Growing up with Disney movies has left most of us enamored by princes and heroines who portray the finest characters—even as they are only animation.
Just last Sunday, my family and I were lucky enough to see a matinee concert at the Cultural Center of the Philippines. Aptly entitled, Tale as Old as Time, the concert was a showcase of some memorable Disney theme songs that always leave us all with LSD (last song syndrome).
With Gerard Salonga at the helm, the ABS-CBN Philharmonic Orchestra played the most-loved Disney movie theme songs to a very appreciative audience made up of preschoolers, teens, and even grandparents. The songs featured were all from Disney favorites, such as Cinderella, Beauty and the Beast, Tarzan, Hercules, and the all-time recent bestseller Frozen.
With all copyright agreements secured from Disney, the concert’s backdrop even included edited video clips from these movie classics. The concert was apparently played for its second run worldwide.
The two-hour concert also featured veteran performers—brothers Sam and Red Concepcion, and Karylle, alongside very talented and promising newbies on stage. As Salonga narrated, the performers were handpicked from hundreds of auditions sent online. And believe me, what a pool of new talent there was on stage! There will never be a dearth of talent in this country for certain, and this show was good proof of that.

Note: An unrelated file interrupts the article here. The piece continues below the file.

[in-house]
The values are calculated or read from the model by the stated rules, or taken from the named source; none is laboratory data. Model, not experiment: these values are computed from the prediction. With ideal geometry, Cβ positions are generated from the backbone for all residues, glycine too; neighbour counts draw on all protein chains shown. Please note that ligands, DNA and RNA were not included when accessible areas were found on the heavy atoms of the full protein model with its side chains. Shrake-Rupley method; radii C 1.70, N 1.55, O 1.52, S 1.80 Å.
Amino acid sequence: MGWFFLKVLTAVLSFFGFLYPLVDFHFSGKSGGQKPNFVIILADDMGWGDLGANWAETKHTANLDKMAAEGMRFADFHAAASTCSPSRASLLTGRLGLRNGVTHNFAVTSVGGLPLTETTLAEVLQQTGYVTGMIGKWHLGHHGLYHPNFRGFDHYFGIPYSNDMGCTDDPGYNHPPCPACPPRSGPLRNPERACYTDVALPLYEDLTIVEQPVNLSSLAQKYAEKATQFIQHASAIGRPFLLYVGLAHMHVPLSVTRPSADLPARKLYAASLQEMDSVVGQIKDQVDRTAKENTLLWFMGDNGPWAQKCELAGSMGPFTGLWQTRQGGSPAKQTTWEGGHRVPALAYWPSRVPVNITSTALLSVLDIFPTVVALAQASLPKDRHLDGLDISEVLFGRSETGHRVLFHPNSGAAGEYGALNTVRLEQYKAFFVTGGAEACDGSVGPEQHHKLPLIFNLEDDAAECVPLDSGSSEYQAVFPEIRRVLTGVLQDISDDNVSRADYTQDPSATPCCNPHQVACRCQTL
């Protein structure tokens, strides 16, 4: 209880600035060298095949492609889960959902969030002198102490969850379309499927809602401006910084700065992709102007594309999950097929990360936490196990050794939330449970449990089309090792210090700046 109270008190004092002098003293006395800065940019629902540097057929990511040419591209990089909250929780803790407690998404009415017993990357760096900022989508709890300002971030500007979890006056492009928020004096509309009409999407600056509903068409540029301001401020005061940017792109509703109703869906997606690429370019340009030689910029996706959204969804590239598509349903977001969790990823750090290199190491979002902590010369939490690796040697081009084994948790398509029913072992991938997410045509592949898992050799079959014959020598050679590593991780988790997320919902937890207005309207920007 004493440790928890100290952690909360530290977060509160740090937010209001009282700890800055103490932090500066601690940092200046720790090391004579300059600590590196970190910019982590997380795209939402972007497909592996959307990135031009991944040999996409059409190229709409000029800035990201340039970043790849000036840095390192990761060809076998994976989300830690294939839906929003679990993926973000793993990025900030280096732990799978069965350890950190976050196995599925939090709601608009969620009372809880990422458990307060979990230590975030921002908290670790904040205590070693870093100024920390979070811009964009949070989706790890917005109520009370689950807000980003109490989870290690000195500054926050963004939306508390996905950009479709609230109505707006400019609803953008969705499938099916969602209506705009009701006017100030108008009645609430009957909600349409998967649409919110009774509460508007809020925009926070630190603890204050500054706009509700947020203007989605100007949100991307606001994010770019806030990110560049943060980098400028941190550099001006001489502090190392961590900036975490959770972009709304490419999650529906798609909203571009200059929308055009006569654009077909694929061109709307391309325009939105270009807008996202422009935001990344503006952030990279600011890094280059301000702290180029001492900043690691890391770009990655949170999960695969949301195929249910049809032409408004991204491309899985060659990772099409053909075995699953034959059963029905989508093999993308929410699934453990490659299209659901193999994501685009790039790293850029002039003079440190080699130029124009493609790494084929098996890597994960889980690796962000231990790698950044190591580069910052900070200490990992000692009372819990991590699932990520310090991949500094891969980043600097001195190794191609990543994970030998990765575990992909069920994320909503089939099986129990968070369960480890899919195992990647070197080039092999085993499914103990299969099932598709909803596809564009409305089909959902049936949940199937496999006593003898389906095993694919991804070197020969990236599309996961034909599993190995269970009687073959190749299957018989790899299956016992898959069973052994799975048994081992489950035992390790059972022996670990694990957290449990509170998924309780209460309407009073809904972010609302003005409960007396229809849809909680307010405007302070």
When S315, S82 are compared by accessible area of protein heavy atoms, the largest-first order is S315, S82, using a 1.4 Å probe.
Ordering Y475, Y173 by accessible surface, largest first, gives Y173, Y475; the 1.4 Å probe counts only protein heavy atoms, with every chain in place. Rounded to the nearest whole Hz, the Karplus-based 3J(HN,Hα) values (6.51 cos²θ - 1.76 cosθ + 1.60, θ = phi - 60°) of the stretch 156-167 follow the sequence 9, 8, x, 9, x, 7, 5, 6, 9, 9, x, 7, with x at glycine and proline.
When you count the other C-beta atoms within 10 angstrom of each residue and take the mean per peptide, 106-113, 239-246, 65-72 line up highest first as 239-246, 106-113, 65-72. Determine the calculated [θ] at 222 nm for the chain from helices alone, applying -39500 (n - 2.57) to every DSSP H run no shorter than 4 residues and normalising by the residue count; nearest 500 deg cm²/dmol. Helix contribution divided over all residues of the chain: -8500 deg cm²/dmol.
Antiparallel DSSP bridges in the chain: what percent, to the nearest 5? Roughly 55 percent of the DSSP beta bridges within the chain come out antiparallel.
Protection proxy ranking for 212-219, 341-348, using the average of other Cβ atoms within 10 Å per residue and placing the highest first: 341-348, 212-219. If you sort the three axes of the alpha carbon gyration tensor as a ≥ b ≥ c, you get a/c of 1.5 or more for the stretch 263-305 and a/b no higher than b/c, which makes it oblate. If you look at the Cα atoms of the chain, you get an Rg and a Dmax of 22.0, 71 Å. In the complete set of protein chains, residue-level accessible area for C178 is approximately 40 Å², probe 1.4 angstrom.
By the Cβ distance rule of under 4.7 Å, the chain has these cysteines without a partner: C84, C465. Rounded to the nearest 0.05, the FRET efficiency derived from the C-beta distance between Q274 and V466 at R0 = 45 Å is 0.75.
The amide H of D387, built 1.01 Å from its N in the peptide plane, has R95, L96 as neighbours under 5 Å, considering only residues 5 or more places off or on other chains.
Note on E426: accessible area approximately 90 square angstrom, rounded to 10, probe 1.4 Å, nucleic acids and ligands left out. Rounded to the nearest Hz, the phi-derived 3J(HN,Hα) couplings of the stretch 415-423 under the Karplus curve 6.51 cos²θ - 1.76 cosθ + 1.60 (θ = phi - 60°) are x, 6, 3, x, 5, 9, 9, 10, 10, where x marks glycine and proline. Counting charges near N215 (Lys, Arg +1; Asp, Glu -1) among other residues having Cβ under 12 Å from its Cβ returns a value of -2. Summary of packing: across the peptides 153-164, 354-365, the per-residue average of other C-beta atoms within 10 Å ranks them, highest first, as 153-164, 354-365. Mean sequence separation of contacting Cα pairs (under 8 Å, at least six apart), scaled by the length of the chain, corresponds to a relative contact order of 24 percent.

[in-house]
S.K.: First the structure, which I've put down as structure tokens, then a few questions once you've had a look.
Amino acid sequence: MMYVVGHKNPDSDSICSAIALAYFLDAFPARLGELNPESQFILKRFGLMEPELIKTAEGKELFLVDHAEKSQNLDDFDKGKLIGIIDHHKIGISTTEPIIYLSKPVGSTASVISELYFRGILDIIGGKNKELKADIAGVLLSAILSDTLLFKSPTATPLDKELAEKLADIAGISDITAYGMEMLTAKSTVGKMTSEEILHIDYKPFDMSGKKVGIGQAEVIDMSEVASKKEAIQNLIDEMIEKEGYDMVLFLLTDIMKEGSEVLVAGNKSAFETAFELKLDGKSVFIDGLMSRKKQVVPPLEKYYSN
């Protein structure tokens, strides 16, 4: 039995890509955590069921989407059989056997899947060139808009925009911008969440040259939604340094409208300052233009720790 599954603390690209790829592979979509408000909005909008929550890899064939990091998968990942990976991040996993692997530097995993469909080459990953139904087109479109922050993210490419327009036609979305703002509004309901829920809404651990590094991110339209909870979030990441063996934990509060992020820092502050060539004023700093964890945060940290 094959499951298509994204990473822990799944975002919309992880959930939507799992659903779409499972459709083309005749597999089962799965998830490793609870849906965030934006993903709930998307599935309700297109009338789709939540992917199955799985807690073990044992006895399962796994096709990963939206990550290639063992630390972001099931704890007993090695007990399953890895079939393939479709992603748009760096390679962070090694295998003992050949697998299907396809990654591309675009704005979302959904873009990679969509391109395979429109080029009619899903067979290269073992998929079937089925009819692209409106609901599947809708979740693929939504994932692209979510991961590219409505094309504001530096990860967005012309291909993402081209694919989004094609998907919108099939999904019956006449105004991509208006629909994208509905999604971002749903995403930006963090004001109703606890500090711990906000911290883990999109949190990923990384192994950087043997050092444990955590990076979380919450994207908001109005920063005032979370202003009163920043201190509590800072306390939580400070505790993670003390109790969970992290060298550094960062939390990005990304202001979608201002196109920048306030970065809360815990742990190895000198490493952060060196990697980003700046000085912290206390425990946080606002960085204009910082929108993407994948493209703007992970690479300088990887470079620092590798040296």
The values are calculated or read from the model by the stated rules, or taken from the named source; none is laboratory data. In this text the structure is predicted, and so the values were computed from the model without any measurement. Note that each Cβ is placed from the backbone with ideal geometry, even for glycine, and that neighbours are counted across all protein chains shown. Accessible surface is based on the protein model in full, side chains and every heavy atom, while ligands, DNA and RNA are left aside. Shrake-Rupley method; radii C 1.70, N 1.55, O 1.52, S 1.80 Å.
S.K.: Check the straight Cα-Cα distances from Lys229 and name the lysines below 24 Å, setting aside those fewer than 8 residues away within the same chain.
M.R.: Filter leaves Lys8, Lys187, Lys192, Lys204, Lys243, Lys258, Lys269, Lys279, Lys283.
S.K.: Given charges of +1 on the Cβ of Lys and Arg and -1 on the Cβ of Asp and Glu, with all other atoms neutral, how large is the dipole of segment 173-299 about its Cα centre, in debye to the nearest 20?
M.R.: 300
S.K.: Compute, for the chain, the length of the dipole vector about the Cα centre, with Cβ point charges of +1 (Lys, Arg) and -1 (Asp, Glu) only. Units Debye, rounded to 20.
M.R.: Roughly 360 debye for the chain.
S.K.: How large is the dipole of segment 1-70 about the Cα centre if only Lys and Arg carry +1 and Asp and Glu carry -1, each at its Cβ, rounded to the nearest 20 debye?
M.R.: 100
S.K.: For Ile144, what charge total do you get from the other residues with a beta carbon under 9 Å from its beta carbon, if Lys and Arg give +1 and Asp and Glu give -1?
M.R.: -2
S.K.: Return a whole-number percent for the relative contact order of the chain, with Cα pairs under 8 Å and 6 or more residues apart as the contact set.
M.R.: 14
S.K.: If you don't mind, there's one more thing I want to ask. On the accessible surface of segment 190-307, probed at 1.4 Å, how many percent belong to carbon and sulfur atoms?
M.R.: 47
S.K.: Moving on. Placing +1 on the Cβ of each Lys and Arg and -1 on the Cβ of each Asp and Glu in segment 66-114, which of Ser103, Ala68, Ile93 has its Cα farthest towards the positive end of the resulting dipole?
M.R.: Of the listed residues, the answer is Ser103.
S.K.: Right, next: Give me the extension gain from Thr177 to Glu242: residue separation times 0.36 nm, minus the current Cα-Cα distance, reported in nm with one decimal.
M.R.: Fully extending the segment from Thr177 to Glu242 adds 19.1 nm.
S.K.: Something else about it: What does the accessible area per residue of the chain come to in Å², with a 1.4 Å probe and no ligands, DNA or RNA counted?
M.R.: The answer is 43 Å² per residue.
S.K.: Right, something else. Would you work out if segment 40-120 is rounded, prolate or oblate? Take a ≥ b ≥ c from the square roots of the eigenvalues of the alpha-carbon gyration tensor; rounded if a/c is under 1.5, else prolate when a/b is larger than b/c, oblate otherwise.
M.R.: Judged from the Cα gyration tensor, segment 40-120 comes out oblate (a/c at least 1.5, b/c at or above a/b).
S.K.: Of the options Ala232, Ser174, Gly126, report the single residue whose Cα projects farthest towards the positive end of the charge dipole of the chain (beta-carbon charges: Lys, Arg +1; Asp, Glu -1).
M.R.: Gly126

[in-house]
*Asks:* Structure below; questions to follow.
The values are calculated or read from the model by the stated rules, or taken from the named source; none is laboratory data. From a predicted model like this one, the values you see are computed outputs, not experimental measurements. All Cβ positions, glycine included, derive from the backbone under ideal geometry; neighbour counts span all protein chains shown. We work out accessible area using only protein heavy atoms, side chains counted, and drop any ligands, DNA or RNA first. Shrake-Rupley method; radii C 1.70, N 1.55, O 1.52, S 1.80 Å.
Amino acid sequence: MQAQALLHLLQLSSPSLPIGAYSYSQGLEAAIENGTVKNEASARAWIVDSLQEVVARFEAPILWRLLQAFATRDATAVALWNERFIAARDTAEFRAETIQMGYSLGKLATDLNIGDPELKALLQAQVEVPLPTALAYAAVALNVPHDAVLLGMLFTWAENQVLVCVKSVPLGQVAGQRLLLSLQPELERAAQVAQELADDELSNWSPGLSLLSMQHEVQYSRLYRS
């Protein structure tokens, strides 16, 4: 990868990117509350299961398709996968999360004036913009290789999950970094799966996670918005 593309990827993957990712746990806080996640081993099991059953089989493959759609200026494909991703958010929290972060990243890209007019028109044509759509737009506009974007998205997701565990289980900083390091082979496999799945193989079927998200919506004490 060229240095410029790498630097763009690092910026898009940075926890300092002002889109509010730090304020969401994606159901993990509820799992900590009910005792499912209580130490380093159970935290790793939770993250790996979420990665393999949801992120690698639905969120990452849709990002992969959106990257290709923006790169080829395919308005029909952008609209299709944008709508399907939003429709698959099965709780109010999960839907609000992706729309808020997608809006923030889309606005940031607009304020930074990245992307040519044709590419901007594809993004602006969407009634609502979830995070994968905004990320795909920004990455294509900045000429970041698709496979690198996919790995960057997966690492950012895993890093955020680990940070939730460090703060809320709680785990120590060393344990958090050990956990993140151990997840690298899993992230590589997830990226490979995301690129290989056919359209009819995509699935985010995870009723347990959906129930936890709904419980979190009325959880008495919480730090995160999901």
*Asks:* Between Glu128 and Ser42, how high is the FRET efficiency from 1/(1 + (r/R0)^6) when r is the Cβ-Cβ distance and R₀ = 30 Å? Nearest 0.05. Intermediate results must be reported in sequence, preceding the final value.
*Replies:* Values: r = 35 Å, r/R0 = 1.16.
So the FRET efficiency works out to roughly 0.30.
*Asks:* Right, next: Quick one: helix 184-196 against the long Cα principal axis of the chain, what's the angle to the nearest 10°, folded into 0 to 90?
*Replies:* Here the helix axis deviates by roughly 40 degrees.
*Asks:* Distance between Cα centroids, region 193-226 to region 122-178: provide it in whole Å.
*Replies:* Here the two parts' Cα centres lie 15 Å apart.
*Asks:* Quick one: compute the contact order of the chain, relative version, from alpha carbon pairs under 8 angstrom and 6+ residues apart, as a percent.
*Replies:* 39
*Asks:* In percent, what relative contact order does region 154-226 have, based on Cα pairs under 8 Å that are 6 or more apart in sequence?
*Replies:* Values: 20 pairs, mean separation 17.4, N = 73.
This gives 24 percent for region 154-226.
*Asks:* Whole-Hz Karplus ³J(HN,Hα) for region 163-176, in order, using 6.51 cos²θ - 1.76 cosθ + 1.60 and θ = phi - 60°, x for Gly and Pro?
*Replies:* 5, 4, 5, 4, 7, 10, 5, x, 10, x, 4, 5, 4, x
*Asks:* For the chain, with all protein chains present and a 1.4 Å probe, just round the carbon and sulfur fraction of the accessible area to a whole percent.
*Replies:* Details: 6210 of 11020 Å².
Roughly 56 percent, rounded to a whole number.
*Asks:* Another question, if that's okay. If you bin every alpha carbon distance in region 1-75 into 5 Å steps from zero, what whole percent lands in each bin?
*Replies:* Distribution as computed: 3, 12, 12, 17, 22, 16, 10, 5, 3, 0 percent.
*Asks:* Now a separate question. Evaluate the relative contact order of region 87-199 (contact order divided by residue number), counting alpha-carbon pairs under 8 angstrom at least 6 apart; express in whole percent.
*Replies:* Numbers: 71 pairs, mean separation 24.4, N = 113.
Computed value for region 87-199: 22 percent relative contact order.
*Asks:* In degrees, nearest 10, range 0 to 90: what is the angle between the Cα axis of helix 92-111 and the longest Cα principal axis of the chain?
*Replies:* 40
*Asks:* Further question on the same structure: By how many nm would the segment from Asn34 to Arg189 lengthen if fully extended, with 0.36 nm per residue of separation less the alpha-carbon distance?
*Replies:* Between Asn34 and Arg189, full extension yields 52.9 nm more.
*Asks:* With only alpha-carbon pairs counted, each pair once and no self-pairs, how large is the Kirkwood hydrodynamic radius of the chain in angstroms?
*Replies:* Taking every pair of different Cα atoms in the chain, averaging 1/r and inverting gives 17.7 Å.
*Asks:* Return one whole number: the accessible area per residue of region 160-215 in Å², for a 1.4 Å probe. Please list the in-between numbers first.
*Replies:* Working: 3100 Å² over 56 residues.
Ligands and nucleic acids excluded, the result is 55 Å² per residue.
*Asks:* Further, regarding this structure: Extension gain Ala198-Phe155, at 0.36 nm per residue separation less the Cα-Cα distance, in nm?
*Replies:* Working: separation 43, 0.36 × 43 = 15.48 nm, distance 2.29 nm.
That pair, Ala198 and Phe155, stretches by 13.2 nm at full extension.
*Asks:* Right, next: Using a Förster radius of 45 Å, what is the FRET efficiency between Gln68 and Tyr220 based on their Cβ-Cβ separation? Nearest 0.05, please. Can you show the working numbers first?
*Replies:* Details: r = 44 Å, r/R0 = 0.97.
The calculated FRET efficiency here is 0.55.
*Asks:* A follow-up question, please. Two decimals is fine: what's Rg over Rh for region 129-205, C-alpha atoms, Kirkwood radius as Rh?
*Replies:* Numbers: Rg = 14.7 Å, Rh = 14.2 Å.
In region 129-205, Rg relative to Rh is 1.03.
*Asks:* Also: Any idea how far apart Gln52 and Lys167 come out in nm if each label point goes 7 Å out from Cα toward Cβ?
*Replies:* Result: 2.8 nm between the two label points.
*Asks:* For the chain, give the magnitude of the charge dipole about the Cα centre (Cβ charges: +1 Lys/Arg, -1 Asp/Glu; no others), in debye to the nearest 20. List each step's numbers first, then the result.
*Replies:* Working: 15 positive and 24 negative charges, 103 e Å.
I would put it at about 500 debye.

When three young girls sang “For the First Time in Forever” in sequence, the audience was truly enraptured. But in the end, it was Bituin Escalante’s moment in singing the encore of Elton John and Tim Rice’s “Circle of Life” from Lion King that brought the house down. Salonga said that Escalante’s rendition was the very time Disney allowed a performance by a woman. And what perfect a choice she was with her distinct, yet powerful, soulful voice.
The stage was a bit wanting though in production value, with no backdrop or props, as well as the absence of lighting effects that would have created more visual fanfare. The animated film clips from Disney would have been perfect on a widescreen that should have stretched the entire span of the theater. Physically, the CCP concert stage also seemed very cramped to fit a full orchestra and the chorus on stage. At one point, I’m quite sure the singers were watching their step to avoid falling into the rafters.
Nonetheless, what might have been lacking in stage design was fortunately more than compensated by the remarkable cast of performers and the orchestration. Salonga and the orchestra did such an impressive job in this concert even if it required musicians to shift from classical to pop music arrangements one after another. Even then, the orchestra succeeded with every score outstandingly. It was indeed one symphony concert that did not see any shuteye in the audience. After all, who would ever dare sleep through anything Disney?
For one afternoon at least, it was a delightful step back in Walt Disney’s world. Even through its music, the world of Disney draws out reminiscences of the happiest place on earth. And for admitted Disney fanatics, we hummed, whistled, and chanted our favorite tunes to our hearts’ content for one enjoyable afternoon concert.